In 2020, the IRS may focus on businesses and other services accepting crypto. This will definitely increase the necessity for bookkeeping platforms who can understand crypto transactions and integrate with popular tax software seamlessly. With the lack of such platforms, it is very important for businesses to keep proper records in USD and cryptocurrency along with wallet/account addresses properly.
Apart from individuals and businesses accepting crypto, the other major focus could be the exchanges themselves. Exchanges are those entities or venues that provide a marketplace for customers to conveniently buy and sell various cryptocurrencies with other customers, similar to a stock exchange. While these exchanges may already have to comply with securities reporting laws administered by the SEC, they may also have to comply with US tax laws by providing proper tax reports to their customers. There could be a serious push from the IRS on this front. For example, in 2017 the IRS got a court order for Coinbase, a major cryptocurrency exchange in the US, to turn over information on over 15,000 investors. And late last year, the IRS had issued a court summons to Bitstamp, another exchange, to turn over information on another investor.
Cryptocurrency is digital currency, or a “digital representation of value,” as the IRS puts it. You can’t see it, hold it in your hand, or put it in your wallet. Cryptocurrencies are subject to taxes. Generally, the IRS considers there are taxable and non-taxable events that will determine whether or not you have to report capital gains or losses on your tax return.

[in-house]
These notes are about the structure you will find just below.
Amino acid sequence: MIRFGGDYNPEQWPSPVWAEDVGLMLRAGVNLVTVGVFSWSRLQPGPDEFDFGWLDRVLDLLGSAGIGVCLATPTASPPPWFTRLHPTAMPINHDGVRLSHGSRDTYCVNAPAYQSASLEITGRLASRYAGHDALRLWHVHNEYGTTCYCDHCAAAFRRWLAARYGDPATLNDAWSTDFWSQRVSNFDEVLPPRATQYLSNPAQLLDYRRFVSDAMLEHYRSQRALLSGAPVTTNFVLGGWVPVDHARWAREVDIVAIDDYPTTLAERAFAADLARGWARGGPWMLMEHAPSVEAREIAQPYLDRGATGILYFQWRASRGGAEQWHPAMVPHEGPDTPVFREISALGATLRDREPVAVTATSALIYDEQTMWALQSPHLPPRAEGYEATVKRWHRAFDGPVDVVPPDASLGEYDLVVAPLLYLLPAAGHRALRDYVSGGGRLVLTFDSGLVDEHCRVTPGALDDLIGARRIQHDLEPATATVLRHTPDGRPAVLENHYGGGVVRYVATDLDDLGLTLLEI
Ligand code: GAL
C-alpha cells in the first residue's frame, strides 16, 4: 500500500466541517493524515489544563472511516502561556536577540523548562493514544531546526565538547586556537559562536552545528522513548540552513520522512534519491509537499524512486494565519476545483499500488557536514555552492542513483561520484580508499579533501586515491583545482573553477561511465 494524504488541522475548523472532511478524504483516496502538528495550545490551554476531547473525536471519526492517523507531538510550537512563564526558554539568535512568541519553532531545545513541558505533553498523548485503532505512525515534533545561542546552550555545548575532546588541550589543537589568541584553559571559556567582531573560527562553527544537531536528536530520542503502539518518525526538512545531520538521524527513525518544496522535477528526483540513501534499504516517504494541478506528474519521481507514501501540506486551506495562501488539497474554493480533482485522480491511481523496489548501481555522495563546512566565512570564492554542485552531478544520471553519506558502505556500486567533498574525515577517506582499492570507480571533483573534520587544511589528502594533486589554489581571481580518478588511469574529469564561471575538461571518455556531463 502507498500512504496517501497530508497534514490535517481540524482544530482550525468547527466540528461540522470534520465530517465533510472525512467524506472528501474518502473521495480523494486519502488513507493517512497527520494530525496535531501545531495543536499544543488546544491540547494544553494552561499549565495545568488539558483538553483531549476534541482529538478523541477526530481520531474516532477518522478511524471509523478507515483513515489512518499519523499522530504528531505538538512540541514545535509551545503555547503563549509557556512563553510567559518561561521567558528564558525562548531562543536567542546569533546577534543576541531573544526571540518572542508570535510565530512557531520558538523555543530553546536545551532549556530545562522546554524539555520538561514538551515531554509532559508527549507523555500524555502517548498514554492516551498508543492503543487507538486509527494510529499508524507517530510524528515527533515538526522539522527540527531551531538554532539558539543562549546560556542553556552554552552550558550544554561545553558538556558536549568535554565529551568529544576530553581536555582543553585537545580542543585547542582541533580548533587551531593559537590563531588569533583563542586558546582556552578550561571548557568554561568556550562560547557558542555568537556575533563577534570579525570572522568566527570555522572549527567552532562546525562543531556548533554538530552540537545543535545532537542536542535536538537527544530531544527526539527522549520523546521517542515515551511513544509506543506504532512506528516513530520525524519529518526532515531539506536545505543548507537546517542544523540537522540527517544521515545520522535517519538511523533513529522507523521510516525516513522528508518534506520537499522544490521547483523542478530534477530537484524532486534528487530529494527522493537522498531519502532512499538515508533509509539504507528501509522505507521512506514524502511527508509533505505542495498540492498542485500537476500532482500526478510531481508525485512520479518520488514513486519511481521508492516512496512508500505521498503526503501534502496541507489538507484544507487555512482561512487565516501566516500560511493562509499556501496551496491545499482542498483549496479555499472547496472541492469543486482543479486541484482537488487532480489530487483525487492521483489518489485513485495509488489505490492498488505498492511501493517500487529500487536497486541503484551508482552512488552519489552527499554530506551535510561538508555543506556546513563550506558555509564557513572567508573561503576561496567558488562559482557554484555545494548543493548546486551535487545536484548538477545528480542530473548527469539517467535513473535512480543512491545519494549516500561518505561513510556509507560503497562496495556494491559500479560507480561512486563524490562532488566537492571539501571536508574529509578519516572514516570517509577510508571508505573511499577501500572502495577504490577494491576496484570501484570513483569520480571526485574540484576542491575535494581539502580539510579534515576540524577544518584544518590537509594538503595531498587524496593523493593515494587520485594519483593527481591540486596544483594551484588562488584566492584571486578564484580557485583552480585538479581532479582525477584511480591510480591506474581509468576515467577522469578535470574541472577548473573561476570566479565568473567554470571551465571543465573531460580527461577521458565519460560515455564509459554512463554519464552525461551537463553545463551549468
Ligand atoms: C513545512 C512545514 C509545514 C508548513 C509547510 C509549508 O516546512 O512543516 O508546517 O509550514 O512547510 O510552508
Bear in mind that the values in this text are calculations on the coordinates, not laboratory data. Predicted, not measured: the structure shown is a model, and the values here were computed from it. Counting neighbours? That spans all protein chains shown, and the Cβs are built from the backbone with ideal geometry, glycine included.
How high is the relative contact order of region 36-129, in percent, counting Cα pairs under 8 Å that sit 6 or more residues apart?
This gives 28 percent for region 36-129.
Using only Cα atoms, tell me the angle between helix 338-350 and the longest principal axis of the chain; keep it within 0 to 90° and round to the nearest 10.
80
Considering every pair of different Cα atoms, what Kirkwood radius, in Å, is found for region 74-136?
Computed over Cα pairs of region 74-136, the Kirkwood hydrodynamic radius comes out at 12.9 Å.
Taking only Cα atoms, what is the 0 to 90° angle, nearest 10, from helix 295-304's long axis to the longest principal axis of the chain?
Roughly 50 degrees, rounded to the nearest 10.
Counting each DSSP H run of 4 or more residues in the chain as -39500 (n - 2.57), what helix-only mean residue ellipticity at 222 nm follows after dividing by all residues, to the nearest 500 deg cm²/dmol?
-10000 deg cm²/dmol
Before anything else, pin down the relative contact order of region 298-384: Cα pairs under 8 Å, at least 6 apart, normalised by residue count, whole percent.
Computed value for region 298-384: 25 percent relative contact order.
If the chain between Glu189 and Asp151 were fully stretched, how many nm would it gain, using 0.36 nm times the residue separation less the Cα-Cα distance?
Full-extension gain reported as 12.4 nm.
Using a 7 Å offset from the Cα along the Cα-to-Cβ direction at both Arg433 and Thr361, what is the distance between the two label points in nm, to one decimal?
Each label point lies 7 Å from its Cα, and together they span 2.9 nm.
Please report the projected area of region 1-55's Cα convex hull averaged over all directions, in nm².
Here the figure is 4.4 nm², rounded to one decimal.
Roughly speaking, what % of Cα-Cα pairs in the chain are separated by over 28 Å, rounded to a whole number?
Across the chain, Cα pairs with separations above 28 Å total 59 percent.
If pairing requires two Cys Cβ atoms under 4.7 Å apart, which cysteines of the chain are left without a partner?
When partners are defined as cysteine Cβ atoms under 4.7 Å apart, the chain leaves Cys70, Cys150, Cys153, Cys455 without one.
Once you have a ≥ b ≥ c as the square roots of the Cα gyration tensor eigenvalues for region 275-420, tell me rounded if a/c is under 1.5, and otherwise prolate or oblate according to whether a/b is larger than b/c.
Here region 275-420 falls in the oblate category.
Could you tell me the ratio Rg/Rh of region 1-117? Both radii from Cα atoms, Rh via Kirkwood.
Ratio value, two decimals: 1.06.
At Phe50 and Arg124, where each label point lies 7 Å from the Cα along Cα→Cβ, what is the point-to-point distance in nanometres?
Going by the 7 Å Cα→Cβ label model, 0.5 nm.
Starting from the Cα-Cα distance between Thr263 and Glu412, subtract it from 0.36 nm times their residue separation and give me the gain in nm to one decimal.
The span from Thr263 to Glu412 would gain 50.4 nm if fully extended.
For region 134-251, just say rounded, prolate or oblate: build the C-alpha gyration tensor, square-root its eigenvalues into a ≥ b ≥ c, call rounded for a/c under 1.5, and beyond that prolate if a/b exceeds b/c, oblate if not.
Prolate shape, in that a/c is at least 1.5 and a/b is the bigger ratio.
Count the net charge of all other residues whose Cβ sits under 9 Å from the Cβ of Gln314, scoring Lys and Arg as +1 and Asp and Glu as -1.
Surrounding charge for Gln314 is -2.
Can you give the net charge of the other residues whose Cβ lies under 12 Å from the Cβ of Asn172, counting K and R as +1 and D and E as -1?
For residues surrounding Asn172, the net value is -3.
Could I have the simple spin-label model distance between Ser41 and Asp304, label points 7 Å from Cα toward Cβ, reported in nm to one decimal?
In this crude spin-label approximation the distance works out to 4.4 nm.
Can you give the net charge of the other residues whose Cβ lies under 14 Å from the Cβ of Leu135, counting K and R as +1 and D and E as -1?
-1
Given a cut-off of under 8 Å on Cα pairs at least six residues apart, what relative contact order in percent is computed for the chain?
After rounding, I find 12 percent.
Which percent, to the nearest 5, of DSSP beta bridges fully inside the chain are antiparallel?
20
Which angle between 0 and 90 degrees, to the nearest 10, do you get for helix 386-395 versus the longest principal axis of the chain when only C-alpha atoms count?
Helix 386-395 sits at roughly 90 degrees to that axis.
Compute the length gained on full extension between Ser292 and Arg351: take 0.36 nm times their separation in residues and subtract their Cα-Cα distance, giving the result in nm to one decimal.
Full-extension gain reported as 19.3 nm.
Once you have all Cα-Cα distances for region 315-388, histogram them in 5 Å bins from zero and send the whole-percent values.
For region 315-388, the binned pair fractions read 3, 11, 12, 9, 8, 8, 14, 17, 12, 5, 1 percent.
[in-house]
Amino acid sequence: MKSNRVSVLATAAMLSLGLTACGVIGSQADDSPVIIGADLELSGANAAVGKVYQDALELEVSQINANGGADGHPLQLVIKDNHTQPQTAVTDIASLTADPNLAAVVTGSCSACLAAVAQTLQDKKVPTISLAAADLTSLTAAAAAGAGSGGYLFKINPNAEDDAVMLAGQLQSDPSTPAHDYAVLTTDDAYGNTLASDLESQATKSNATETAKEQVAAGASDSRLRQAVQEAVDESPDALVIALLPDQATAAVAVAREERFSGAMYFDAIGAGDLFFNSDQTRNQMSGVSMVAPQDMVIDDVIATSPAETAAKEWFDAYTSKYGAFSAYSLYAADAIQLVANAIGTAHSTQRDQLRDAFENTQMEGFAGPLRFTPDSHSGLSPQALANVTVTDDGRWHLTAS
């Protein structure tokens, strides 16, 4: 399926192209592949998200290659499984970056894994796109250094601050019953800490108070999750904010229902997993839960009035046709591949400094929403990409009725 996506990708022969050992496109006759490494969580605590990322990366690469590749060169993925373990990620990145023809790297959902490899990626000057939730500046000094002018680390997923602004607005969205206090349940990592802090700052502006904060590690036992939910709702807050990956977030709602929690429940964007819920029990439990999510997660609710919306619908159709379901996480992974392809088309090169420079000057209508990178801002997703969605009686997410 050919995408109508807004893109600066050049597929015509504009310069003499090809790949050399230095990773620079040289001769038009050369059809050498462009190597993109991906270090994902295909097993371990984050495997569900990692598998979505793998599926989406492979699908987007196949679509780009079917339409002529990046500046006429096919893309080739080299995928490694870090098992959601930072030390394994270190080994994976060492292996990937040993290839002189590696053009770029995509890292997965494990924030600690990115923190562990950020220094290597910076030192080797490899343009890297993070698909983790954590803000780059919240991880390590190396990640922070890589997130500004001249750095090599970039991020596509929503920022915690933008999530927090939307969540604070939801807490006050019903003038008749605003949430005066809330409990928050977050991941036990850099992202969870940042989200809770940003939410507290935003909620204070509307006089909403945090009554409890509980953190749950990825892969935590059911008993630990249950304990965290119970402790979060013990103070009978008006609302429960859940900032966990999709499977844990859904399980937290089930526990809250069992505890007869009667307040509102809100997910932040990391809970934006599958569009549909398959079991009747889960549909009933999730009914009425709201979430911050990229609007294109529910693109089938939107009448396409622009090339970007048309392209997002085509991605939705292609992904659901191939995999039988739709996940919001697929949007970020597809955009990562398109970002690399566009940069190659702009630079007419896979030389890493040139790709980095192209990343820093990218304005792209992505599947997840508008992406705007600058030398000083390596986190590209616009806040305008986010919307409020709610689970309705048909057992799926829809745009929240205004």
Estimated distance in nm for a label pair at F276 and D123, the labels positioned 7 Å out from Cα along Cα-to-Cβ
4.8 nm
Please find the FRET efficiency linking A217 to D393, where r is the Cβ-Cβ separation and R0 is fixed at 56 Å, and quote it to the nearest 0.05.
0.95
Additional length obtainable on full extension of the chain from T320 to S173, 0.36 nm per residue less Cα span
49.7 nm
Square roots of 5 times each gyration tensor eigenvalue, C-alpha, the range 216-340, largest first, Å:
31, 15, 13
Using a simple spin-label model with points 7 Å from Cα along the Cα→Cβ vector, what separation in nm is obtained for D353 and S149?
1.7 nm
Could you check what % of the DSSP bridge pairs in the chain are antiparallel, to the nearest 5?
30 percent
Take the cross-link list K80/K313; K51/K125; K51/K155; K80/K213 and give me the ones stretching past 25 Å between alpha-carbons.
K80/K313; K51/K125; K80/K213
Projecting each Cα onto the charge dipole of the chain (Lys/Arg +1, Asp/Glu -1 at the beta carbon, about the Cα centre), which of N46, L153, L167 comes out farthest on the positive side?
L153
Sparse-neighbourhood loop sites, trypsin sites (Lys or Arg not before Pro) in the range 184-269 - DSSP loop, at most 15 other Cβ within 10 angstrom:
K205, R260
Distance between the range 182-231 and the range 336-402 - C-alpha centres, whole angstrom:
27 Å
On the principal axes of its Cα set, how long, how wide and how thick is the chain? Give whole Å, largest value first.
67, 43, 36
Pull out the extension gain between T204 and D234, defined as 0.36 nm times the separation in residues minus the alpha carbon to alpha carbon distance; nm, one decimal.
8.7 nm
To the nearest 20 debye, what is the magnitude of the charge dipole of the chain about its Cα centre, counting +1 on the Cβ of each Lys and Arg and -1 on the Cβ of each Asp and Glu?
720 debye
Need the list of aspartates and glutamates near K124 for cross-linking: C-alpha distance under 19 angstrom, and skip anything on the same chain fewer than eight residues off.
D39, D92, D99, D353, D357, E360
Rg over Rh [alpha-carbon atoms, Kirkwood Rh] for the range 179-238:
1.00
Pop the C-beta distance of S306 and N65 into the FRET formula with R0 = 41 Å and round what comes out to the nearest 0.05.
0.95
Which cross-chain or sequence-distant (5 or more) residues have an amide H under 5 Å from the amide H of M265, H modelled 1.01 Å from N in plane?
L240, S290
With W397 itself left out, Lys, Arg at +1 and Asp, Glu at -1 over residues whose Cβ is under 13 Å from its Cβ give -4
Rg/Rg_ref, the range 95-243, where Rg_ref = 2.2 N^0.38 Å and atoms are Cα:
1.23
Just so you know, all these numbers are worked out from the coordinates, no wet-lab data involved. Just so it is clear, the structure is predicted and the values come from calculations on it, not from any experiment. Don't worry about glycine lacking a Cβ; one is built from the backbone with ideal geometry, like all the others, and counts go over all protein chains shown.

Taxable events include
✔ Converting cryptocurrency to fiat currency (like the US dollar).
✔ Trading cryptocurrency with another cryptocurrency.
✔ Earning cryptocurrency for providing services.
✔ Purchasing goods and services with cryptocurrency.
✔ Gifting cryptocurrency (above certain thresholds).
✔ Selling a cryptocurrency on 1 exchange, and then purchasing that same cryptocurrency on another exchange.
Non-taxable events include
✔ Buying cryptocurrency with fiat currency.
✔ Donating cryptocurrency to a tax-exempt organization (you may be eligible for a charitable deduction).
✔ Gifting cryptocurrency (subject to some limits).
✔ Transferring cryptocurrency between wallets that you control, as long as no assets are bought or sold.
✔ Coins or tokens allocated in an airdrop or fork are not taxed until they are sold.
As you can see from this article, there are so many ways to define, regulate and tax cryptocurrencies, and many countries are currently in the process of developing these standards. We expect many more countries to issue rules and seek to tax these transactions in the coming years. They may follow the framework set by countries with well-defined guidelines, such as the U.S., or go in a completely different direction. This is a rapidly evolving field that will require constant vigilance.
Disclaimer: This material has been written for informational purposes only, and is not intended to provide, and should not be relied on for, tax, legal or accounting advice.